October 25, 2006

GAY MARRIAGE UPHELD IN NEW JERSEY: The Supreme Court of New Jersey rules: "Denying committed same-sex couples the financial and social benefits and privileges given to their married heterosexual counterparts bears no substantial relationship to a legitimate governmental purpose. The Court holds that under the equal protection guarantee of Article I, Paragraph 1 of the New Jersey Constitution, committed same-sex couples must be afforded on equal terms the same rights and benefits enjoyed by opposite-sex couples under the civil marriage statutes."

A copy of the opinion can be found here.

UPDATE: Having (very quickly) skimmed the opinion, it seems the Court is allowing that civil unions might be good enough, so long as they're comparable to marriage in terms of benefits, but it seems to leave open the possibility that only marriage that's called marriage might be good enough.

I agree with the result (that is, I favor gay marriage as a policy matter). The reasoning is okay (based on a cursory reading it seems consistent with this approach), though the 90-page opinion shares a flabbiness with earlier cases like Goodridge. I think, though, that changes like this are better made through legislative than judicial means, and that this may well benefit the Republicans substantially in the coming elections, as people like my reader Steve White who worry about judicial activism are given a new reason to go to the polls and vote for anti-gay-marriage initiatives.

ANOTHER UPDATE: Jeff Soyer agrees.

Brendan Loy: "As a proponent of gay marriage, Iím happy with the result. As one who hopes the Democrats take back at least one house of Congress, I am fearful of the backlash. But perhaps the possibility of 'civil unions,' as opposed to 'gay marriage,' will blunt the backlash somewhat."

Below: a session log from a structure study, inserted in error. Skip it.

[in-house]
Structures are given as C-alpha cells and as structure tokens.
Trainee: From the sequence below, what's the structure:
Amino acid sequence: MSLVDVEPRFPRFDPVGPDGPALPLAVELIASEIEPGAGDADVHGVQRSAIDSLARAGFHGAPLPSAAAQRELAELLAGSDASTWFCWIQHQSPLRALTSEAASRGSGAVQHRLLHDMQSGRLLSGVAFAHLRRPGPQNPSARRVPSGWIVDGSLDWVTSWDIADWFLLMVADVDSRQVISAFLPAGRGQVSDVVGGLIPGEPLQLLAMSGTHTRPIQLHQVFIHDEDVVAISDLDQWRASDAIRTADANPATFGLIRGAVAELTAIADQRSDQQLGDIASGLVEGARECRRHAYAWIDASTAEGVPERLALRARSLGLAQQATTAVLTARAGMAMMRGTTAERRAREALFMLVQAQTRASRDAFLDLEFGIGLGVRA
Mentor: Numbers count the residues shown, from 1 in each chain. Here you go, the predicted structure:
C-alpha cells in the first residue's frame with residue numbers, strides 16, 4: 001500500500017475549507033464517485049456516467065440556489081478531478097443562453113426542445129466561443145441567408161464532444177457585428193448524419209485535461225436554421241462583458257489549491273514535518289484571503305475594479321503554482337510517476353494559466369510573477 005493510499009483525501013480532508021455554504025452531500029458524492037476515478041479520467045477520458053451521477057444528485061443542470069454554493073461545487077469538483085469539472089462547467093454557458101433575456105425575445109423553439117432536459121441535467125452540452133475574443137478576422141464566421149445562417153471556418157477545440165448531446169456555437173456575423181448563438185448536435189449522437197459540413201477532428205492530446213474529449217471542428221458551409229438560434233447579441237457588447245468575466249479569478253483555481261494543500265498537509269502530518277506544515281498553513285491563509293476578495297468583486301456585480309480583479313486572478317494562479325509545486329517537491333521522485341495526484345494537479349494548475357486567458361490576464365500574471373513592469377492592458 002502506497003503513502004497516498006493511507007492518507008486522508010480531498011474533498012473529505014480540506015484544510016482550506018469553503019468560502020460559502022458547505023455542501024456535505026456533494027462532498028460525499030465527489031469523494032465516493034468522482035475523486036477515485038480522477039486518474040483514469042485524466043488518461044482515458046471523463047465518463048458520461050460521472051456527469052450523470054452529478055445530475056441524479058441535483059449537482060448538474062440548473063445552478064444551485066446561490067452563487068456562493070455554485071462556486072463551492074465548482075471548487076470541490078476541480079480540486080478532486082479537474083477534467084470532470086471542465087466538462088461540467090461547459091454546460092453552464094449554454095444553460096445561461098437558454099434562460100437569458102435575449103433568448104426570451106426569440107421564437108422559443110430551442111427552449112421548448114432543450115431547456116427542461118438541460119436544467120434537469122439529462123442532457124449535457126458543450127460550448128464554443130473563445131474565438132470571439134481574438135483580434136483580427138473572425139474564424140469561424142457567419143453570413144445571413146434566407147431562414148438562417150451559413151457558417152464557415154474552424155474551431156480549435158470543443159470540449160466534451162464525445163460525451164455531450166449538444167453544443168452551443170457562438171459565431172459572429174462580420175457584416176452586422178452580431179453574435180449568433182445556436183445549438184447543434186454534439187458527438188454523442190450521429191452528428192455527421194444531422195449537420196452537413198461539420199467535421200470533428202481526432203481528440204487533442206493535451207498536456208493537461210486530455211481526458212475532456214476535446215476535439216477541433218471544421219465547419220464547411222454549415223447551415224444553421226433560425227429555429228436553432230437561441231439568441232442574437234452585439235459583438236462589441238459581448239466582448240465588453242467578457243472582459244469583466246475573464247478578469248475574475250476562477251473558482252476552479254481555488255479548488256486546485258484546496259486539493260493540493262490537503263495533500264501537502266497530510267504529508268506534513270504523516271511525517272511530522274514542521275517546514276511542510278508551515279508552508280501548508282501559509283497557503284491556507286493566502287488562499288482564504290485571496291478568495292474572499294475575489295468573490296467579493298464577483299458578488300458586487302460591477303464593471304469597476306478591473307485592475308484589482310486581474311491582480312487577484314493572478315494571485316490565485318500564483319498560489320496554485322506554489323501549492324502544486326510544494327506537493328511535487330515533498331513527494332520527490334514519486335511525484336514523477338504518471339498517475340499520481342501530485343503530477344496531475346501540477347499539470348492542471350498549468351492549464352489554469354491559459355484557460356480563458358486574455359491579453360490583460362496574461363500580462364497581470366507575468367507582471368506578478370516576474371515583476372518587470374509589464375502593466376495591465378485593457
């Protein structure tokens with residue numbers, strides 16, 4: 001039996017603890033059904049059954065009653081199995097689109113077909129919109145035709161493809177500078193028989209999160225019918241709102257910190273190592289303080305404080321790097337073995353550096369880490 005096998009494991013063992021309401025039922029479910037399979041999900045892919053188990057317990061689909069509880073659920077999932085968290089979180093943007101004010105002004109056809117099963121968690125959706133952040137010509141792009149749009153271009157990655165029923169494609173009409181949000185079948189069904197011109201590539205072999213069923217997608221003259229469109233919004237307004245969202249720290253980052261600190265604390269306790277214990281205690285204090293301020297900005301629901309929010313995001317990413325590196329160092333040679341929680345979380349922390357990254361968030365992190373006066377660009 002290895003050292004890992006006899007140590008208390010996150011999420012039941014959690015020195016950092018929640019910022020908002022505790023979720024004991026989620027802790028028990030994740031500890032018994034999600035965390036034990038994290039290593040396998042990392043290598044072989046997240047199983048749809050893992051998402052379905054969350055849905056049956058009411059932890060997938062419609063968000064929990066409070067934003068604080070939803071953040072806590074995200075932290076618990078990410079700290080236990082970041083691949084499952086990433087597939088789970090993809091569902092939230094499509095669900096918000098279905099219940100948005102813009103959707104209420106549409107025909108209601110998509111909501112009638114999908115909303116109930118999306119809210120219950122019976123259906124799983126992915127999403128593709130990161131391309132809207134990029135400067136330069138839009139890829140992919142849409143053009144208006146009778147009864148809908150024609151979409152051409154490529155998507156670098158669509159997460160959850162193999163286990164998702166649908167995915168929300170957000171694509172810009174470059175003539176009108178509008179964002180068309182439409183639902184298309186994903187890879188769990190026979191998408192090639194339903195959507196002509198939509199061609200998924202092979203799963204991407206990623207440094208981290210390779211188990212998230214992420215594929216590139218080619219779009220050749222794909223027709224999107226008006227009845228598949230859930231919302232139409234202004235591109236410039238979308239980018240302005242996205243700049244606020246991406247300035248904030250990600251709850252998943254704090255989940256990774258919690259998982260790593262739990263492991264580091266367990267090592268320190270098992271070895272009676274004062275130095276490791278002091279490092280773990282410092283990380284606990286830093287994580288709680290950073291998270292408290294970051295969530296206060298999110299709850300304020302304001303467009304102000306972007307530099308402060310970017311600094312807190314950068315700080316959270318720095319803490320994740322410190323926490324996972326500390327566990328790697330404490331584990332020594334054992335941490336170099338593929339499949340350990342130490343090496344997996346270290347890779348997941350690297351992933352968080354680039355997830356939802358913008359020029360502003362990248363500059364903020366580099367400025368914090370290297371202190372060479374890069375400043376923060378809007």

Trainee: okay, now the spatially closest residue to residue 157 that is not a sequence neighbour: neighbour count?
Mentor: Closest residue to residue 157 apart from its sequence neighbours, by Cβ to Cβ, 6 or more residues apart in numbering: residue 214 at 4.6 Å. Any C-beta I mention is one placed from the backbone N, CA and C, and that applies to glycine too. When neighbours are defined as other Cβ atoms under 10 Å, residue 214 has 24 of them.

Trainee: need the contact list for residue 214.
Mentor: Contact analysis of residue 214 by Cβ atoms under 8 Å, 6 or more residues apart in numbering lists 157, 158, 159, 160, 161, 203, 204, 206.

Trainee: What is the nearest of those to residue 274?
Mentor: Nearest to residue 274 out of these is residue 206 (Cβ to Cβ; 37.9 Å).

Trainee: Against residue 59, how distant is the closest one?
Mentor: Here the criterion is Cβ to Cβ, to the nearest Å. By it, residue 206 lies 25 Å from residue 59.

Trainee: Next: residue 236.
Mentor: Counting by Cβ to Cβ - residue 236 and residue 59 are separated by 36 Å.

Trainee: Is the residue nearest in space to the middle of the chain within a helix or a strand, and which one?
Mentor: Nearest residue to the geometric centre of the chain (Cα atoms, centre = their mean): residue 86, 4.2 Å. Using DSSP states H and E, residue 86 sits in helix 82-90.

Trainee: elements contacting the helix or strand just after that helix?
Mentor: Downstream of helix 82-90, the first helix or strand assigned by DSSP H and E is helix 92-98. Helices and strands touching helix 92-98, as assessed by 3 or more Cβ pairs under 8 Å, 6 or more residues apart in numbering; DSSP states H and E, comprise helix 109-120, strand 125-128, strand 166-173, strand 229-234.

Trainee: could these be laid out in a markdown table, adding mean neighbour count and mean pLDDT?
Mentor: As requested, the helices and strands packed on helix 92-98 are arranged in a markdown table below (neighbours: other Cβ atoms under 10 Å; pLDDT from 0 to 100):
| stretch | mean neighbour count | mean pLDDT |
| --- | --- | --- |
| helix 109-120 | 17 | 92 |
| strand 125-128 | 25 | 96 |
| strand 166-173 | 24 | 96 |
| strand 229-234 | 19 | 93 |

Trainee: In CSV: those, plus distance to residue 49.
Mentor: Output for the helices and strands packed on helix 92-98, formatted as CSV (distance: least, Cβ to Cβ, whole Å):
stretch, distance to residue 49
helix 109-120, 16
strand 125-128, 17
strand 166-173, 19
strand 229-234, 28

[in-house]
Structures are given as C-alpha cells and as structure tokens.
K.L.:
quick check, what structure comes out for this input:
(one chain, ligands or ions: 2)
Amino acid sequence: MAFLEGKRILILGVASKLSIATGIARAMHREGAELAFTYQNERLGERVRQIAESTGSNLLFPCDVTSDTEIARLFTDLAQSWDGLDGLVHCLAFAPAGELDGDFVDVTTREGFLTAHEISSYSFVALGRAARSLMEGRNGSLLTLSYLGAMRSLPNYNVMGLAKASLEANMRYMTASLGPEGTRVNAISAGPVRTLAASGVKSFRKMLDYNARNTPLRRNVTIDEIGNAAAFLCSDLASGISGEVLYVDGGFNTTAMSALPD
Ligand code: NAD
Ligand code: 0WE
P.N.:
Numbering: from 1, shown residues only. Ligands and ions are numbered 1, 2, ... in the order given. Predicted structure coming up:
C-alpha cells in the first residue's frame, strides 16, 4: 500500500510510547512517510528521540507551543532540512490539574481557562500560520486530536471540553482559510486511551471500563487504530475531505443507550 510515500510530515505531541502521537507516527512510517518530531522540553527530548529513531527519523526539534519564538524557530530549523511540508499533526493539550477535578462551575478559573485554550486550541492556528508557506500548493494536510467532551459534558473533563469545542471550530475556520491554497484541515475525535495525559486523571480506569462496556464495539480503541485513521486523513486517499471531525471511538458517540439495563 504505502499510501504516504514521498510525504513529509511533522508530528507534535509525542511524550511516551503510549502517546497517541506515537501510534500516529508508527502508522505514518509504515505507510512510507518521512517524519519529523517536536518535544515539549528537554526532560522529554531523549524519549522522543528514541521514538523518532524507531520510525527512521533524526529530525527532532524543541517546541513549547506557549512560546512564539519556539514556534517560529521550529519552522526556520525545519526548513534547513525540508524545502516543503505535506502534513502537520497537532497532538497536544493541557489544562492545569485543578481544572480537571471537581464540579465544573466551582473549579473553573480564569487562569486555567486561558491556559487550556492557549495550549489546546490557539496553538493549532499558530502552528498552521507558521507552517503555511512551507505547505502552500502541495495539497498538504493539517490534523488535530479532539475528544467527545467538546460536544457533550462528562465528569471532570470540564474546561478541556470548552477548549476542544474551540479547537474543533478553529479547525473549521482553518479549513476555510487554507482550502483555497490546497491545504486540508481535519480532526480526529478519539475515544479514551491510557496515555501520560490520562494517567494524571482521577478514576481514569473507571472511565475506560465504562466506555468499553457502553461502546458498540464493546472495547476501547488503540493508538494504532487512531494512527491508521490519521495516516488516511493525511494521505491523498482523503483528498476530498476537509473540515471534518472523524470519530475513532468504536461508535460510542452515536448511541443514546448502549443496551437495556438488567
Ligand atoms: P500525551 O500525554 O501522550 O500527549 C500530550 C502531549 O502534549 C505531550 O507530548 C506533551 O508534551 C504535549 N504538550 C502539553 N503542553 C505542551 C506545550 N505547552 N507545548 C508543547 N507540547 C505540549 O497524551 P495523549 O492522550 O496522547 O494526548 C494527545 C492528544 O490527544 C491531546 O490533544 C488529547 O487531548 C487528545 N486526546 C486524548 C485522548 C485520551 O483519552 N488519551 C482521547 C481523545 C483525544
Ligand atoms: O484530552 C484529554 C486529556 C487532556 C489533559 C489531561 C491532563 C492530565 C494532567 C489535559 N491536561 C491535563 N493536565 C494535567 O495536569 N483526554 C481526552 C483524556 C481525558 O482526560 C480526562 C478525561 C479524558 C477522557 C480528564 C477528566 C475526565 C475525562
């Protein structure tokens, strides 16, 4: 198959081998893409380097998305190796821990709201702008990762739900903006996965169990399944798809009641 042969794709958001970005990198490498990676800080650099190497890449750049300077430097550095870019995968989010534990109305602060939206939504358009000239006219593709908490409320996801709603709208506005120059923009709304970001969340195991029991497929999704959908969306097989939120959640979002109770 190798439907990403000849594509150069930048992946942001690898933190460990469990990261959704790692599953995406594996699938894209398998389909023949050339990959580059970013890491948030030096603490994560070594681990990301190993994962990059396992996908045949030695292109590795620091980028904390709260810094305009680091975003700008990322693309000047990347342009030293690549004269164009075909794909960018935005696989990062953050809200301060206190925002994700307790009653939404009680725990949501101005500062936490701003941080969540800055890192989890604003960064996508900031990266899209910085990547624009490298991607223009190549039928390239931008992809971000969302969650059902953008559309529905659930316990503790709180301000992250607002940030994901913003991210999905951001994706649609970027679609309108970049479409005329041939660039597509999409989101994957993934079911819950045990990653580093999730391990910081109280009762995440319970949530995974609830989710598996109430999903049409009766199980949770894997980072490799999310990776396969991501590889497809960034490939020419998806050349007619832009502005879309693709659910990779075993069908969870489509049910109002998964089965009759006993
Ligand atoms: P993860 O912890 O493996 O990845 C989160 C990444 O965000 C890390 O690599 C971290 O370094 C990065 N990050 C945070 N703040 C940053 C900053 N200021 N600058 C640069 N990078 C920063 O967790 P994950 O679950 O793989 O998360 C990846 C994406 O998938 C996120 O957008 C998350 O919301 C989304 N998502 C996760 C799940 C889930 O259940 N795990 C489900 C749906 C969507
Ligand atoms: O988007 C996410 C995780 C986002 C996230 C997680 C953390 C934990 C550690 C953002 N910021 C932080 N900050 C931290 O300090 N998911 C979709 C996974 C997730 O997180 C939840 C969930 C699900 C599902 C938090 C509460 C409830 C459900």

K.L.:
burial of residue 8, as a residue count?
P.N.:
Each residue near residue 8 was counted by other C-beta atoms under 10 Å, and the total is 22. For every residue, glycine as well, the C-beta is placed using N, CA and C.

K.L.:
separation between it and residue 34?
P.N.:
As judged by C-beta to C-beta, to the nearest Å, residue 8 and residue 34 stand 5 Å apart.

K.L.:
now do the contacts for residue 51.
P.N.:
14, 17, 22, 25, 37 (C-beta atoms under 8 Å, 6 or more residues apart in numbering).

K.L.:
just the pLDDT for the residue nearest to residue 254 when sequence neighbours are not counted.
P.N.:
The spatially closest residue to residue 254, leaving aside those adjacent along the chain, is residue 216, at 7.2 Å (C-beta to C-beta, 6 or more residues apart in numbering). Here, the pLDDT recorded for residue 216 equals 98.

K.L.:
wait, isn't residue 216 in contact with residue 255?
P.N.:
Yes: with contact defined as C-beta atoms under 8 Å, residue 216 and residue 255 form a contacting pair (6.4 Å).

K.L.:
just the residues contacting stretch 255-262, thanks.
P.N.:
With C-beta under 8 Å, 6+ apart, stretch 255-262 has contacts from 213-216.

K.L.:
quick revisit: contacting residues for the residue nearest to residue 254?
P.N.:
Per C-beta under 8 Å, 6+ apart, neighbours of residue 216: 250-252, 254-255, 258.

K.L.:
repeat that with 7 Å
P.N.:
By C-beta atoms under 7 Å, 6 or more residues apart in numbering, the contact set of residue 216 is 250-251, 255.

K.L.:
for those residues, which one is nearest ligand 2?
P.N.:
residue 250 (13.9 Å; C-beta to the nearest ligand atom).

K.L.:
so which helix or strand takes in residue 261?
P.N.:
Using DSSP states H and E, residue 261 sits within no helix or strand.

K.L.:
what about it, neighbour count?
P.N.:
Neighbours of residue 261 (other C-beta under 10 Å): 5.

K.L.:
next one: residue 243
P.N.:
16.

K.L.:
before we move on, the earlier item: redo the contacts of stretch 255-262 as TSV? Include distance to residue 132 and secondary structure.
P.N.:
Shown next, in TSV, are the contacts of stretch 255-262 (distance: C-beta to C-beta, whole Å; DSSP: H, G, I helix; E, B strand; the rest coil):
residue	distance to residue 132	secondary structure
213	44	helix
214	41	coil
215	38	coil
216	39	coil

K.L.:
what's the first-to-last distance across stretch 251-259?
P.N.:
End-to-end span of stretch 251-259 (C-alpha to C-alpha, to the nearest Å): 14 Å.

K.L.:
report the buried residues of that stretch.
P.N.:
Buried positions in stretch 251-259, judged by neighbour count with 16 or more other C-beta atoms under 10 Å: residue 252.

The opinion allows that something not called "marriage" might be enough, but it pretty clearly leaves open the door to hold otherwise later. And the concurrence/dissent says: "I can find no principled basis, however, on which to distinguish those rights and benefits from the right to the title of marriage, and therefore dissent from the majorityís opinion insofar as it declines to recognize that right among all of the other rights and benefits that will be available to samesex couples in the future."

It thus seems that this isn't really a "third way" approach to gay marriage. This is a clean win for gay marriage advocates, not a partial victory.

MORE: Eugene Volokh has further thoughts, and observes: "this decision, whether you like it or not, seems to be an illustration that the slippery slope is a real phenomenon."

MORE STILL: Dale Carpenter, having reviewed the opinion, says it's an example of how unstable the middle ground is:

New Jersey ran into trouble because, having started down the path to full equality for gay individuals and couples through a variety of state statutes and judicial decisions, the state could not give any good reason why it should continue to differentiate. For example, the court noted, the state has adopted a domestic partnership system that gives gay couples a list of rights also given to married couples. But yet the domestic partnership system does not extend other rights of married couples to these same-sex couples. Whatís the basis for granting a select list of the rights but not the others? . . .

The whole case, then, shows how unstable a middle ground can become in the hands of an aggressive court. The slope on that middle ground seems much more slippery for courts, which demand what they regard as principled reasons for any distinction, than it is for legislatures, which may refuse to budge for no reason other than that the votes aren't there to do more or because of simple fiat.

I believe that Justice Scalia has made just that point. Carpenter concludes: "The question then is, having closed the gap with respect to all rights in marriage, what basis could there possibly be not to close the remaining gap with respect to equal status in marriage?" I agree that the "civil union" approach is unlikely to last in light of this decision, which carefully doesn not rule out an equal-status requirement.